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The phrases in their context!


We are also certain, that it has a great influence on our sense of beauty, when we regard external objects, as well as when we judge of morals.
We find, that it has force sufficient to give us the strongest sentiments of approbation, when it operates alone, without the concurrence of any other principle; as in the cases of justice, allegiance, chastity, and good-manners.
We may observe, that all the circumstances requisite for its operation are found in most of the virtues; which have, for the most part, a tendency to the good of society, or to that of the person possessed of them.
If we compare all these circumstances, we shall not doubt, that sympathy is the chief source of moral distinctions; especially when we reflect, that no objection can be raised against this hypothesis in one case, which will not extend to all cases.
Justice is certainly approved of for no other reason, than because it has a tendency to the public good: And the public good is indifferent to us, except so far as sympathy interests us in it.
We may presume the like with regard to all the other virtues, which have a like tendency to the public good.
They must derive all their merit from our sympathy with those, who reap any advantage from them: As the virtues, which have a tendency to the good of the person possessed of them, derive their merit from our sympathy with him.
Most people will readily allow, that the useful qualities of the mind are virtuous, because of their utility.
This way of thinking is so natural, and occurs on so many occasions, that few will make any scruple of admitting it.
Now this being once admitted, the force of sympathy must necessarily be acknowledged.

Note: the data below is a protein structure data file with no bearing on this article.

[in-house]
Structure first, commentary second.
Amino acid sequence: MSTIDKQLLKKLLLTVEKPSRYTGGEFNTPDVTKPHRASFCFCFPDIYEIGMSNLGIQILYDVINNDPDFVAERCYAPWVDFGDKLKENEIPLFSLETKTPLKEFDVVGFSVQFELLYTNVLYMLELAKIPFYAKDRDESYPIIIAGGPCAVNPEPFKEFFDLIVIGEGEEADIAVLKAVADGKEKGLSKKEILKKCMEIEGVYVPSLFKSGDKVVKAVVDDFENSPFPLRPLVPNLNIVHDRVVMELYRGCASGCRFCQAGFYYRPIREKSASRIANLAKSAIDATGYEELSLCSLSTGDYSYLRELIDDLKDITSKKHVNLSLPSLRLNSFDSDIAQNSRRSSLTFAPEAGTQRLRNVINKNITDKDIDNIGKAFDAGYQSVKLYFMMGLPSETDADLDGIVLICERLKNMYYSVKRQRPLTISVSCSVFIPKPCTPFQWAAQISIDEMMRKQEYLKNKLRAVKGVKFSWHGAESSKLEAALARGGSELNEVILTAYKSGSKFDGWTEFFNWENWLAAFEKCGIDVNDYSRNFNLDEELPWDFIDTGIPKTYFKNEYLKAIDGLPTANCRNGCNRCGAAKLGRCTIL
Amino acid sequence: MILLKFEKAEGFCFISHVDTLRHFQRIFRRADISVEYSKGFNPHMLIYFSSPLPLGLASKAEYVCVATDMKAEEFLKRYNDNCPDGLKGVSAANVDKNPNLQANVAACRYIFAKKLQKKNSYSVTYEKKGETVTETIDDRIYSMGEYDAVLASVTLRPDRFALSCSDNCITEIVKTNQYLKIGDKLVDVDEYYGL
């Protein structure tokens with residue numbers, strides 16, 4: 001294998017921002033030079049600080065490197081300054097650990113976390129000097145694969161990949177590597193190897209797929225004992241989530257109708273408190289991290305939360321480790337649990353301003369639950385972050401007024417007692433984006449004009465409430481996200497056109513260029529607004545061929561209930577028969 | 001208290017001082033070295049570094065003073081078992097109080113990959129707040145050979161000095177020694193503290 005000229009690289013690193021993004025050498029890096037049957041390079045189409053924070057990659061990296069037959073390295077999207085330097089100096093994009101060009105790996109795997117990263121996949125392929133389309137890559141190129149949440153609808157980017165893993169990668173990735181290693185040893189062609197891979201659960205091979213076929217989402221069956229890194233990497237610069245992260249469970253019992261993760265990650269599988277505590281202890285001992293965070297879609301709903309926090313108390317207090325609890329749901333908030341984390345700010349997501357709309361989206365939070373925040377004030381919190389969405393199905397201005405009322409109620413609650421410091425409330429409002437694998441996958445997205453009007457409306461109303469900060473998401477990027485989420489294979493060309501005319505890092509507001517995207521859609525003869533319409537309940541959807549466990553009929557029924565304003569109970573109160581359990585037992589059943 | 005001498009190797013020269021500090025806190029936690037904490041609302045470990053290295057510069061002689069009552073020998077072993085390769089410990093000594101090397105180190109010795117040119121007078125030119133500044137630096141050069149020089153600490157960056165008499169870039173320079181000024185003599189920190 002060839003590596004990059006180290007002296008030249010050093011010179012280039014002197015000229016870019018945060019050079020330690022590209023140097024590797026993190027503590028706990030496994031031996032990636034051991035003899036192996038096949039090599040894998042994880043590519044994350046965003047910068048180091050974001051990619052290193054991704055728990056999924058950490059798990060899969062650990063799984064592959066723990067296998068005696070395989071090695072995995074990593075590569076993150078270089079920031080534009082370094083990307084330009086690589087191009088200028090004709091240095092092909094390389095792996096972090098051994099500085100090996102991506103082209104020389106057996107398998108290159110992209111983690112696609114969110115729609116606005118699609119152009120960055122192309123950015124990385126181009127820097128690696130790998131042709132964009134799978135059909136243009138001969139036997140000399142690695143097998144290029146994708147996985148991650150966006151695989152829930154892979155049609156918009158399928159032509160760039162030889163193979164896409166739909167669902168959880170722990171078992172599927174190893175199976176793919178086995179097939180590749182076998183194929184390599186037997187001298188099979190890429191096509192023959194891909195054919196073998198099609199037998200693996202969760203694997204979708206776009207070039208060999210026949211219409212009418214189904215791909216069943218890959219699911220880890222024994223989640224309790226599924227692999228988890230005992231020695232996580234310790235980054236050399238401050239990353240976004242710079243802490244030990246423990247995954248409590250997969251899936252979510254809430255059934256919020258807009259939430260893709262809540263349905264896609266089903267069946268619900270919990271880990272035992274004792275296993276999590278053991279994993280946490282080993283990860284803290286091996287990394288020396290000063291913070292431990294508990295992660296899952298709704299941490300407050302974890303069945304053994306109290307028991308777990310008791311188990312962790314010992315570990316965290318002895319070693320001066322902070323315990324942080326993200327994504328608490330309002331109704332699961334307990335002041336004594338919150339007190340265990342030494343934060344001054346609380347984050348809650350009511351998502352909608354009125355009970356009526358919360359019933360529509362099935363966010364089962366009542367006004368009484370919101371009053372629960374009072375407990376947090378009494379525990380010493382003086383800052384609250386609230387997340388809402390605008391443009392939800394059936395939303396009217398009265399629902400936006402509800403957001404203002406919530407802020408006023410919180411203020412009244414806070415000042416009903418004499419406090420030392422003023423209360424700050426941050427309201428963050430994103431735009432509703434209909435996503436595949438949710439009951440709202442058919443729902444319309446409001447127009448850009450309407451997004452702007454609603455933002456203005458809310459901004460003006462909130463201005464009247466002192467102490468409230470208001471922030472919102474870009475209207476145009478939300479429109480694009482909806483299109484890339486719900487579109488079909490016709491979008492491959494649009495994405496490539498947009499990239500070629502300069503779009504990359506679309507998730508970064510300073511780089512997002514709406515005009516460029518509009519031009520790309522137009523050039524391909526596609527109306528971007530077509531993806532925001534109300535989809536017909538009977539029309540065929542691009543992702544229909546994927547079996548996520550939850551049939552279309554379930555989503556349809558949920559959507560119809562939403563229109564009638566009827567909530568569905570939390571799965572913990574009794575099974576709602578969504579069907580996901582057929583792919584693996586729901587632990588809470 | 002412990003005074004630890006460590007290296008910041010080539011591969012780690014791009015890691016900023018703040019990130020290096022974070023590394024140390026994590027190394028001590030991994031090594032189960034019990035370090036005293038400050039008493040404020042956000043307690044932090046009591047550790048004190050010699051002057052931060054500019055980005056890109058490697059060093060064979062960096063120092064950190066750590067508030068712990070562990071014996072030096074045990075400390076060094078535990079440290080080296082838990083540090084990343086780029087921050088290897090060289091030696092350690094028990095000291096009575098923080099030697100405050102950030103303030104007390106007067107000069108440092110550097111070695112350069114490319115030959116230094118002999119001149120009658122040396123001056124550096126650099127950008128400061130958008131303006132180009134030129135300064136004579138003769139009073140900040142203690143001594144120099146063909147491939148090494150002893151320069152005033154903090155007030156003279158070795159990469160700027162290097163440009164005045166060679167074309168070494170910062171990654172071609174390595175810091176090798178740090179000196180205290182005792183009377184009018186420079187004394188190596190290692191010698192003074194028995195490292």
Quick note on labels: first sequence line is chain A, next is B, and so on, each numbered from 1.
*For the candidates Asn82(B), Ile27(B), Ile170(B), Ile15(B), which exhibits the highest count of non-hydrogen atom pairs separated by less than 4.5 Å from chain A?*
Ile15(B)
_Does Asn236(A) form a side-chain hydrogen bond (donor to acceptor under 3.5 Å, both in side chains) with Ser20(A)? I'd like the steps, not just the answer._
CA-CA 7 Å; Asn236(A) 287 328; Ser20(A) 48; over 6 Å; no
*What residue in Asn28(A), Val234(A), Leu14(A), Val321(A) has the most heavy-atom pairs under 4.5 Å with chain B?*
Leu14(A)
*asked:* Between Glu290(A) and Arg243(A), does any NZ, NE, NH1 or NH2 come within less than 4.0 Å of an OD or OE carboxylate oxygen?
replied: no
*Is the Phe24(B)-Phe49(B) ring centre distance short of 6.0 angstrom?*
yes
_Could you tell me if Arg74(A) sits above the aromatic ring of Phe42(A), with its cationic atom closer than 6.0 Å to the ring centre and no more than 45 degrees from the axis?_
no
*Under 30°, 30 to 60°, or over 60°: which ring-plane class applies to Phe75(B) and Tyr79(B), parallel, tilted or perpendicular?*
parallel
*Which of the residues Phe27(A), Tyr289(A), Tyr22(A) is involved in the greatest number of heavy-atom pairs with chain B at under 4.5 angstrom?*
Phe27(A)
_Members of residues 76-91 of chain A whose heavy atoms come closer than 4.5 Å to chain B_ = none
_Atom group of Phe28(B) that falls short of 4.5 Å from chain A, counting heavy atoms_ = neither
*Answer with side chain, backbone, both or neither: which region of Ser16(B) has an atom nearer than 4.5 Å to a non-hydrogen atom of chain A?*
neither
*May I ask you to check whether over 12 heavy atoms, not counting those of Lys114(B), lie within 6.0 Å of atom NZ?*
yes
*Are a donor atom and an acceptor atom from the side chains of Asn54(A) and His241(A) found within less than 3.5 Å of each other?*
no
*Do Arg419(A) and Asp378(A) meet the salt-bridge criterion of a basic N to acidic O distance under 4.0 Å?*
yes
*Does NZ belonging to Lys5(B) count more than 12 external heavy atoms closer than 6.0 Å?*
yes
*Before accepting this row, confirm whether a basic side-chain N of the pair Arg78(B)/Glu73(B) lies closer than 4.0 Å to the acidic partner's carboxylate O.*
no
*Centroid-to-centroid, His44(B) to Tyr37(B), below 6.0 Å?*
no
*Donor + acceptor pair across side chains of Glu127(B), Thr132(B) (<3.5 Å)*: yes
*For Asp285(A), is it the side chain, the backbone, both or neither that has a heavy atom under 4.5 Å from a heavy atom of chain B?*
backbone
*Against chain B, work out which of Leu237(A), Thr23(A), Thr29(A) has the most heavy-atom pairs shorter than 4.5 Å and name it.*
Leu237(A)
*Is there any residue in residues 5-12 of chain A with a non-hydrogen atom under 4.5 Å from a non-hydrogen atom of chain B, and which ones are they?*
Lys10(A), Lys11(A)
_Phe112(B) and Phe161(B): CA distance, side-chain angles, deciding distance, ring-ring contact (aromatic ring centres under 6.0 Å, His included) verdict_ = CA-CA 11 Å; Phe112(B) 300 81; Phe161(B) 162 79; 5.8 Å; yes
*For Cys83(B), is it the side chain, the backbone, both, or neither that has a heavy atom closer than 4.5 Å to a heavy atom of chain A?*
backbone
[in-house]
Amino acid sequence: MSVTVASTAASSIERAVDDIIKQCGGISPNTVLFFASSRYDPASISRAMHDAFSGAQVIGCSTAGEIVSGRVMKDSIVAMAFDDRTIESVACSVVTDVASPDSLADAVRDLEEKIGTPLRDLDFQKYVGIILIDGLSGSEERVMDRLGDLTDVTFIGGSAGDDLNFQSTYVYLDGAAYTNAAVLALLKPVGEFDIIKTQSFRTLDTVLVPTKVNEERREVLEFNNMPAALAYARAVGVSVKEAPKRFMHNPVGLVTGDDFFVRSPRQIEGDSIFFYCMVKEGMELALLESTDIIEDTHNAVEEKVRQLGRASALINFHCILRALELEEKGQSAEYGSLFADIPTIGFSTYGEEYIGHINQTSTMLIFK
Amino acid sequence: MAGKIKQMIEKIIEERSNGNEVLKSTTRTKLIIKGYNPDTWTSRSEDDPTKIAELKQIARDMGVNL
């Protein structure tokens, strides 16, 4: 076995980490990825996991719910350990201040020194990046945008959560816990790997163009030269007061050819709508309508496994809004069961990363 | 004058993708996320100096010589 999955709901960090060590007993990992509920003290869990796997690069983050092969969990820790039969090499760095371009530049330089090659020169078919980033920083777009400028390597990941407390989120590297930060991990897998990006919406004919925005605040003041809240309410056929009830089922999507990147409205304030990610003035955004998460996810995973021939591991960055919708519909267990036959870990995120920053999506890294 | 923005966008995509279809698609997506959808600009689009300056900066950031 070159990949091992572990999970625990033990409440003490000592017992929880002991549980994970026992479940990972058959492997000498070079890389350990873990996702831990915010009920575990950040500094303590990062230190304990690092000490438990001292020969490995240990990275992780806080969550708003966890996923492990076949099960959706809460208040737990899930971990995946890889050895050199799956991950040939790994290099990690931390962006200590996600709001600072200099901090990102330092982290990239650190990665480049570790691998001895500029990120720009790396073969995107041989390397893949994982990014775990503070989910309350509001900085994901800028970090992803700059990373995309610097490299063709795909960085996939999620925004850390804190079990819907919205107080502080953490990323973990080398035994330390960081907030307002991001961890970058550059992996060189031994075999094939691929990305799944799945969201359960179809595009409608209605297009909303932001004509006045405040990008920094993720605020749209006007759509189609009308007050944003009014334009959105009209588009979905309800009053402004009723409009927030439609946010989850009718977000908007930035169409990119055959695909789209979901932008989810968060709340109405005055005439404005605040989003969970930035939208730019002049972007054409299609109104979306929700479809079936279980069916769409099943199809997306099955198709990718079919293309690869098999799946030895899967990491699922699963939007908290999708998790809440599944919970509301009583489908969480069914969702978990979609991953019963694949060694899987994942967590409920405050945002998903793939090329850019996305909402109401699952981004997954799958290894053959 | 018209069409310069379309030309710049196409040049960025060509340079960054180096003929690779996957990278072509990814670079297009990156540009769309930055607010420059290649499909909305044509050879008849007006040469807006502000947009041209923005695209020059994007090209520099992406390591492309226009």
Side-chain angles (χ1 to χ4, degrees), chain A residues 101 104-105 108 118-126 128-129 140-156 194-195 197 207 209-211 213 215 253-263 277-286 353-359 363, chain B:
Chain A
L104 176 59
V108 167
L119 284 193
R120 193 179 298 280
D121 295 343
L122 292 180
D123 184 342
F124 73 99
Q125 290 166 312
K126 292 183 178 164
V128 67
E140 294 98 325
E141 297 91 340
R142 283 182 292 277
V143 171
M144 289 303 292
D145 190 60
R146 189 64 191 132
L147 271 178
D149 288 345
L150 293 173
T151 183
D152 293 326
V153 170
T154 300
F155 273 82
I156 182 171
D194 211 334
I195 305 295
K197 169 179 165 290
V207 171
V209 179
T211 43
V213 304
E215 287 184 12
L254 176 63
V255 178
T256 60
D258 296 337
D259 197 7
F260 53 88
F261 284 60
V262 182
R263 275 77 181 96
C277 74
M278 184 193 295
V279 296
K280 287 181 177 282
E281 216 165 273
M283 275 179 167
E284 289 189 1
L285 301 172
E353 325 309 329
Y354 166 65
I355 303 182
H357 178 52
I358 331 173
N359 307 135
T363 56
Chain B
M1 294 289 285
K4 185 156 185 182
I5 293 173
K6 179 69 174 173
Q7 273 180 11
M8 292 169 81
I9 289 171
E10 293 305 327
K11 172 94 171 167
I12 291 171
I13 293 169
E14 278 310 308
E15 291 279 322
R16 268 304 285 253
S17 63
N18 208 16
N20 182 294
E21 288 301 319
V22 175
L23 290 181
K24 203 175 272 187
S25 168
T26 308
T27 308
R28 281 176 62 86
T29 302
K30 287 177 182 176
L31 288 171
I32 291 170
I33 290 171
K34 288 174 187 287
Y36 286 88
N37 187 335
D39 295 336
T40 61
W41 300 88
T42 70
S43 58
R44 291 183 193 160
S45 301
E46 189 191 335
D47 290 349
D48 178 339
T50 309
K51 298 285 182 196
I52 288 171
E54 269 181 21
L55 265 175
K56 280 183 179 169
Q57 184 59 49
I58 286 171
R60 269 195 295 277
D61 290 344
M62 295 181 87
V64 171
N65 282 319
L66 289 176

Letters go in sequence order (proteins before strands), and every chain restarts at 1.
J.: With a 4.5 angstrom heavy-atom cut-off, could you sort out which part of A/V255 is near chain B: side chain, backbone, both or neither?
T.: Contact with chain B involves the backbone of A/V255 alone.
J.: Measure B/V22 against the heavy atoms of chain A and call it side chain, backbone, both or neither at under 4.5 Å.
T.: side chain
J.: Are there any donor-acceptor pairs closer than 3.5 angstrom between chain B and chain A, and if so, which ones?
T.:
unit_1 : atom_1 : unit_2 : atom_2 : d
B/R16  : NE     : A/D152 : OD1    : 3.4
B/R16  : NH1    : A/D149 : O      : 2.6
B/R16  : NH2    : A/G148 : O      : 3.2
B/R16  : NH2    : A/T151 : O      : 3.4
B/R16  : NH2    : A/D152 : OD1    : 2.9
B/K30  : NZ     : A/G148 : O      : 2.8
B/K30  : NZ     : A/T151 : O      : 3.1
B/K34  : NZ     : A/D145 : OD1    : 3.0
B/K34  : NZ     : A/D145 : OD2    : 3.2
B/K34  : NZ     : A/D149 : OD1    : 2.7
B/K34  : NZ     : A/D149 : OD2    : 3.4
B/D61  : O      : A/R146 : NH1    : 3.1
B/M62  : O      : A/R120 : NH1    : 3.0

Virtue is considered as means to an end.
Means to an end are only valued so far as the end is valued.
But the happiness of strangers affects us by sympathy alone.
To that principle, therefore, we are to ascribe the sentiment of approbation, which arises from the survey of all those virtues, that are useful to society, or to the person possessed of them.
These form the most considerable part of morality.
Were it proper in such a subject to bribe the reader's assent, or employ any thing but solid argument, we are here abundantly supplied with topics to engage the affections.
All lovers of virtue (and such we all are in speculation, however we may degenerate in practice) must certainly be pleased to see moral distinctions derived from so noble a source, which gives us a just notion both of the generosity and capacity of human nature.
It requires but very little knowledge of human affairs to perceive, that a sense of morals is a principle inherent in the soul, and one of the most powerful that enters into the composition.
But this sense must certainly acquire new force, when reflecting on itself, it approves of those principles, from whence it is derived, and finds nothing but what is great and good in its rise and origin.
Those who resolve the sense of morals into original instincts of the human mind, may defend the cause of virtue with sufficient authority; but want the advantage, which those possess, who account for that sense by an extensive sympathy with mankind.
According to their system, not only virtue must be approved of, but also the sense of virtue: And not only that sense, but also the principles, from whence it is derived.